Does asking "Why" disintegrate belief in reality?

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Reply Thu 11 Jun, 2009 04:00 pm
@Satan phil,
Are you saying the law of gravity didn't exist before we derived it, therefore how could it cause or have caused things to move?
Reply Thu 11 Jun, 2009 05:46 pm
'Gravity' is just one theory regarding the apparent 'movement' of 'things'.
(No 'thing' exists 'before'/unless it is perceived.)
Reply Tue 30 Jun, 2009 02:43 am
Khethil;59264 wrote:
Of course!

When we ask any "why", we're looking to learn what the cause is/was for <whatever>. In some respects, one could almost call the two concepts synonymous.


Something is missing if we suppose why is asking for the "cause". Say, X cause Y. If X happens, then Y happens. This also suppose a constant conjunction, X&Y. Here is the problem: If one ask why Y happen, you answer with X. This person could also be very well be asking why X&Y, as oppose to X&Z, X&D.... where Y, Z, D ...are disjointed events.
Violent Meme
Reply Tue 30 Jun, 2009 02:49 am
Asking "Why" encourages belief in-reality, more than anything else...
Reply Tue 30 Jun, 2009 02:50 am
@Satan phil,
Satan;65605 wrote:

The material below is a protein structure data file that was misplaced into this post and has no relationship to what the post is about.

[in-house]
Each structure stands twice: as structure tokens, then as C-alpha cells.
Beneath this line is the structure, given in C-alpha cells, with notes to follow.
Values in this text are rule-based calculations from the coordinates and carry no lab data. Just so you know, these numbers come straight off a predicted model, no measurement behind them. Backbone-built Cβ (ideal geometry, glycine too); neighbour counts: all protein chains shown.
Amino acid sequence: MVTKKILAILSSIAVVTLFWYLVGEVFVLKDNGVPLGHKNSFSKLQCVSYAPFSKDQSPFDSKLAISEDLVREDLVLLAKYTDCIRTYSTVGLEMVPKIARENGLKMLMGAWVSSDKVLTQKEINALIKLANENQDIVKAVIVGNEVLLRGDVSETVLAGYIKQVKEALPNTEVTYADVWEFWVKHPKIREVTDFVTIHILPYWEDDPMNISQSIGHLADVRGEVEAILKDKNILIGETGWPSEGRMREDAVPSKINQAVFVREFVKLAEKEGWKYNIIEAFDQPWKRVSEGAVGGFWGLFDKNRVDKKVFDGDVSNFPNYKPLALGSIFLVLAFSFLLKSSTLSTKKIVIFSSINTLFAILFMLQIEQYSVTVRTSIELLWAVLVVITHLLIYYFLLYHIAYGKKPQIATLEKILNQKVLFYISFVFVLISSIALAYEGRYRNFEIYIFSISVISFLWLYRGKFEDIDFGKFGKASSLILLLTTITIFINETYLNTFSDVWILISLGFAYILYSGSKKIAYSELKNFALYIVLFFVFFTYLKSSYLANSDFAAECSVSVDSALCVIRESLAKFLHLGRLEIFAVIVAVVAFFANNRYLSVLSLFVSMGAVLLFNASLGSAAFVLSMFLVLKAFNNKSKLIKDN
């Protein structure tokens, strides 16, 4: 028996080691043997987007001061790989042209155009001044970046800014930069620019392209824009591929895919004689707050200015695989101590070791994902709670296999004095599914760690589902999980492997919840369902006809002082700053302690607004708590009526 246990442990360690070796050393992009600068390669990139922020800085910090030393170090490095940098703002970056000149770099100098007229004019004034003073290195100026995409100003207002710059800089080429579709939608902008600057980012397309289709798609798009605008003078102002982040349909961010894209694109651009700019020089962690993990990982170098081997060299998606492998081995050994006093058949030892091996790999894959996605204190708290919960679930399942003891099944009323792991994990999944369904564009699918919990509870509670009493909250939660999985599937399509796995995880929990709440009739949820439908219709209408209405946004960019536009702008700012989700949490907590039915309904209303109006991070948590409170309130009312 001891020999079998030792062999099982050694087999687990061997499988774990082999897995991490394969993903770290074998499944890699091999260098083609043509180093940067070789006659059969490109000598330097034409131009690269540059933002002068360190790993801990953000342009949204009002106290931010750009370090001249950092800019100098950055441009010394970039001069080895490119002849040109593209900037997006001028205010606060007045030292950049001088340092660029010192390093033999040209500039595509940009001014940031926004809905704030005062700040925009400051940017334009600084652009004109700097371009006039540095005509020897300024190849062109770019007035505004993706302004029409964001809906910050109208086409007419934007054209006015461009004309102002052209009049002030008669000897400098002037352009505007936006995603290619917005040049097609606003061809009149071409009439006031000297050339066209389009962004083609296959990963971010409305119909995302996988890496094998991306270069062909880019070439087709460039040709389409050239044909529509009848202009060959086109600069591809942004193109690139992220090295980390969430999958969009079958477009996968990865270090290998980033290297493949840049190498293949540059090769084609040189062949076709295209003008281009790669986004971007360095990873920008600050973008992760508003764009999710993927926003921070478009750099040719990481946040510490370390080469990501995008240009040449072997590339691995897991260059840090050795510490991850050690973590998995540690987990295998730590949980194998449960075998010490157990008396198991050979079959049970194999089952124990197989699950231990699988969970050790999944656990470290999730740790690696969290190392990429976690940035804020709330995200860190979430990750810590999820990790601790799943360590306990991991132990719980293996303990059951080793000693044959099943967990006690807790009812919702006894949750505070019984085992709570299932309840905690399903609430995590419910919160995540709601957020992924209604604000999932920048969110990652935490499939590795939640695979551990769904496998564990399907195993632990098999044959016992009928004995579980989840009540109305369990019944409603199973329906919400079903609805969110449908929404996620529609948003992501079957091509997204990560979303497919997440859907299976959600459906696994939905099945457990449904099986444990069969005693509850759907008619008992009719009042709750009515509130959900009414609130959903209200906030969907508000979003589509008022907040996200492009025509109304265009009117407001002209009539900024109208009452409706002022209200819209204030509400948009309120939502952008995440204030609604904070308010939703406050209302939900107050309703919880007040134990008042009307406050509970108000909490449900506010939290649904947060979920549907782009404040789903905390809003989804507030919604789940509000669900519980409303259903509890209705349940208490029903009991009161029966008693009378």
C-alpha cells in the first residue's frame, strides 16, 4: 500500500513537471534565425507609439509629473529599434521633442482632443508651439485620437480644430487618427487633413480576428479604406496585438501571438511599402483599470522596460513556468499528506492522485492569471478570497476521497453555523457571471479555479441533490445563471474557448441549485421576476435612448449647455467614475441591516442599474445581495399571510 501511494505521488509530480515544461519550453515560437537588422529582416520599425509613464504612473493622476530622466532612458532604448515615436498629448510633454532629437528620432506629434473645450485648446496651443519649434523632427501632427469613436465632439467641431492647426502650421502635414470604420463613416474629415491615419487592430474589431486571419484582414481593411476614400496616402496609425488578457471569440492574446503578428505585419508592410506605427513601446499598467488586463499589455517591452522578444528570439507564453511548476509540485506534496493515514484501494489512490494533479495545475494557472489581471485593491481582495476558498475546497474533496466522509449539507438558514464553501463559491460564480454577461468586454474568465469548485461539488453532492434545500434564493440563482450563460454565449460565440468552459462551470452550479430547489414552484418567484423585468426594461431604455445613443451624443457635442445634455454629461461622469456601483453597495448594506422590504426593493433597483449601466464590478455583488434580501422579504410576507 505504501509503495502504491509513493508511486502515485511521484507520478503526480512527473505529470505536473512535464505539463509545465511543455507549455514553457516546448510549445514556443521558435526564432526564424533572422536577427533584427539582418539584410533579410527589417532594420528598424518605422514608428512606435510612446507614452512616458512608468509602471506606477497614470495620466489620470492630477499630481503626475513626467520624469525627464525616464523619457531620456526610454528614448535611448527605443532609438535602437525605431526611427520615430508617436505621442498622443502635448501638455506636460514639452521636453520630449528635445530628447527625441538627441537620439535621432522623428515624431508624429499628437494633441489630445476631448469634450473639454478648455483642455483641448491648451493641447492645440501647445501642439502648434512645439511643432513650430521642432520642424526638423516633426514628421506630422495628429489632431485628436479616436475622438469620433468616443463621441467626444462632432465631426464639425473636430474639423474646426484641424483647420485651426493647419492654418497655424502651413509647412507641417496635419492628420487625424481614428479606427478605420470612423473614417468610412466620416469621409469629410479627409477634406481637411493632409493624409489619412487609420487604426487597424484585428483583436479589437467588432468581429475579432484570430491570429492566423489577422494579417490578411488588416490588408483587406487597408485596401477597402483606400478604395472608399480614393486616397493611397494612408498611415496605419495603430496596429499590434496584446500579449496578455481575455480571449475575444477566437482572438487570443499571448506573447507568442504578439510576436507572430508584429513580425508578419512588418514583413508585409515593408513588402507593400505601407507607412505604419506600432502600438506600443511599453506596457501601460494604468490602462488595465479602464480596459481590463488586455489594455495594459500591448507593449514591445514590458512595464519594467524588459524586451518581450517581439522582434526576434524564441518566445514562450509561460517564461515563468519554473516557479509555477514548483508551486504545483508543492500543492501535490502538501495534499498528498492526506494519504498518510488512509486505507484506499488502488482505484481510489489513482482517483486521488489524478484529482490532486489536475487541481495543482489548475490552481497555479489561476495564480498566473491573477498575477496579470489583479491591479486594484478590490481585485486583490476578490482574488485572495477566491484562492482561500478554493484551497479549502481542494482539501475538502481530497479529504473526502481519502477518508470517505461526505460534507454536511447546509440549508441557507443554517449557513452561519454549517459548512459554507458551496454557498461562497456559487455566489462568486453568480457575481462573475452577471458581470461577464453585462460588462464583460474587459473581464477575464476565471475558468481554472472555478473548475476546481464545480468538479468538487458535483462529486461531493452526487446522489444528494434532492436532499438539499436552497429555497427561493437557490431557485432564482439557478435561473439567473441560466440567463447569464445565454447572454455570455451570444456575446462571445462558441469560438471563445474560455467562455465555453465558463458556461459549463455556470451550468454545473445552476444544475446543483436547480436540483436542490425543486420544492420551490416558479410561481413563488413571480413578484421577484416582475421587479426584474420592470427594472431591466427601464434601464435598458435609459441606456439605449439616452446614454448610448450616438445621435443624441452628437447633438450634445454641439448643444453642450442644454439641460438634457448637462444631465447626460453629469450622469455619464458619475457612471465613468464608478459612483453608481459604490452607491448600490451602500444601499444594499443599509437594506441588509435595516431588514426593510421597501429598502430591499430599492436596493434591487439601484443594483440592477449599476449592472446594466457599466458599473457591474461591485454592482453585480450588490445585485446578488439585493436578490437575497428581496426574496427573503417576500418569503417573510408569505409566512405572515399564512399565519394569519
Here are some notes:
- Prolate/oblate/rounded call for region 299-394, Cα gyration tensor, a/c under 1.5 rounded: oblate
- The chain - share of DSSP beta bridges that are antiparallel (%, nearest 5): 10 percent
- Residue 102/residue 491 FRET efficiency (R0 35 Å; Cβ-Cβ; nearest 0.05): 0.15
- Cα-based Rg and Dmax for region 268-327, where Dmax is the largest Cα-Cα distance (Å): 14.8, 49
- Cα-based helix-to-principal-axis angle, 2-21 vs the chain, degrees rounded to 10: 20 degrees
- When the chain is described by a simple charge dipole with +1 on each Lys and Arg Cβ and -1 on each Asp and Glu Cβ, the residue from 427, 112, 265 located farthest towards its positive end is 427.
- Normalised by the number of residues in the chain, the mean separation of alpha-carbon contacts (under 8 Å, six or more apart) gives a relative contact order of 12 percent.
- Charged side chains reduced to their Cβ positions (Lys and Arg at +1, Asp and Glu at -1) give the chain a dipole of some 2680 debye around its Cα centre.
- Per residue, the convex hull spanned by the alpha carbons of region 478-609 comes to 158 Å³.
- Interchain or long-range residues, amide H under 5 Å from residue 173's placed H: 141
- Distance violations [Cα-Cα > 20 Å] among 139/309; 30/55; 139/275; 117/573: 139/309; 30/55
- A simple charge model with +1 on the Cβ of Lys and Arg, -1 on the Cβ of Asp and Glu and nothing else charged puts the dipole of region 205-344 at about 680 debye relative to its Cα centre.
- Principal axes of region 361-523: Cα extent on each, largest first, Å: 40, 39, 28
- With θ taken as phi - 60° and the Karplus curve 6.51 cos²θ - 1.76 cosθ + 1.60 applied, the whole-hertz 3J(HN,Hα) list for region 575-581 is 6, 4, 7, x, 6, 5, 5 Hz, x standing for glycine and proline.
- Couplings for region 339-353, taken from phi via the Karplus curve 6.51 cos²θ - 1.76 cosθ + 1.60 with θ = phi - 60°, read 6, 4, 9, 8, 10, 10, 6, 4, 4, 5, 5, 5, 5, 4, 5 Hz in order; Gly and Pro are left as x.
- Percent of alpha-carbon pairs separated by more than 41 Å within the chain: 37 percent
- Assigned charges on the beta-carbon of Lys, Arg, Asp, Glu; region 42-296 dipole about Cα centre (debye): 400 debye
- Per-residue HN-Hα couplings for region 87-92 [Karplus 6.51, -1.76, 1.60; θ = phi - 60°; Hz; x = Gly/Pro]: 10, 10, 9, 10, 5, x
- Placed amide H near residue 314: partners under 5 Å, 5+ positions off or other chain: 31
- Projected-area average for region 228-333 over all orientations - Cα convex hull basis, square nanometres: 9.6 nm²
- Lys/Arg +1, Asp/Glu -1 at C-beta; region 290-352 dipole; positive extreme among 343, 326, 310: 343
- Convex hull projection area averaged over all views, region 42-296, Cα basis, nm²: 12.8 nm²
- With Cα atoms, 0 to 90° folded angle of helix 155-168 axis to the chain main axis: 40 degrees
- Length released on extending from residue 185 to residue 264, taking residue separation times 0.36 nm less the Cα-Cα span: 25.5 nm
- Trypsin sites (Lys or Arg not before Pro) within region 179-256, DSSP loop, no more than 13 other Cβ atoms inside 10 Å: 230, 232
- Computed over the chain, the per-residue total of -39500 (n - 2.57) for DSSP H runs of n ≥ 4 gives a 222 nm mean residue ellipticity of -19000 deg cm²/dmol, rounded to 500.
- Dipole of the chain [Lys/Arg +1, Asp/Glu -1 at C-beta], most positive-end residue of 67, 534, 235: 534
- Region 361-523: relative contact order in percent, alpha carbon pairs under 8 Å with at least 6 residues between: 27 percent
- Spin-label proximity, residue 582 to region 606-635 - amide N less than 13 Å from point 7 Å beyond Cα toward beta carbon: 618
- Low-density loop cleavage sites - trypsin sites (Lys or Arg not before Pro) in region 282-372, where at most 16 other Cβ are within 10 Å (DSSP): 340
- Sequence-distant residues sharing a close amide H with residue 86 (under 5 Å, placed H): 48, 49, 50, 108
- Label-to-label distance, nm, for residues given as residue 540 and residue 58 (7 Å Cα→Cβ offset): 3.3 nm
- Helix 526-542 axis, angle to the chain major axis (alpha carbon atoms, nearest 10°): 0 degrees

What is the reason for the reason?

We have to stop all explanations at some point. I prefer the empirical view that stops at the rock-bottom way-the-world-is. Evidence and rationality can only stave off ignorance for so long.

Why does an apple fall to the ground? The law of gravity.

Why is there a law of gravity? You got me. :perplexed:

In fact, even the belief that the "law" of gravity makes the apple fall rather than simply describing how it falls is a form of dogmatism. Most modern philosophers of science agree that the laws of nature aren't very much like human laws at all. The belief in supreme laws that govern the universe obviously has its roots in religion. So, it's no surprise that the many people in the highly religious West still cling to the notion of controlling laws, causes and forces.

All "why" questions are ultimately farcical. They only appear to be offering explanations but instead always point to still more "why" questions. What makes something an explanation rather than a description is purely psychological.

It is not correct tho. I read quite alot on this issue, and the generally consensus is that laws don` t just describe, but they dictate what goes on in the world. The even have a fancy name: "nomic necessity". A law of nature is N( G, F) where N is nomic, and G, and F are universals.
Violent Meme
Reply Tue 30 Jun, 2009 02:53 am
vectorcube;73575 wrote:
A law of nature is N( G, F) where N is nomic, and G, and F are universals.

Nothing is Universal.


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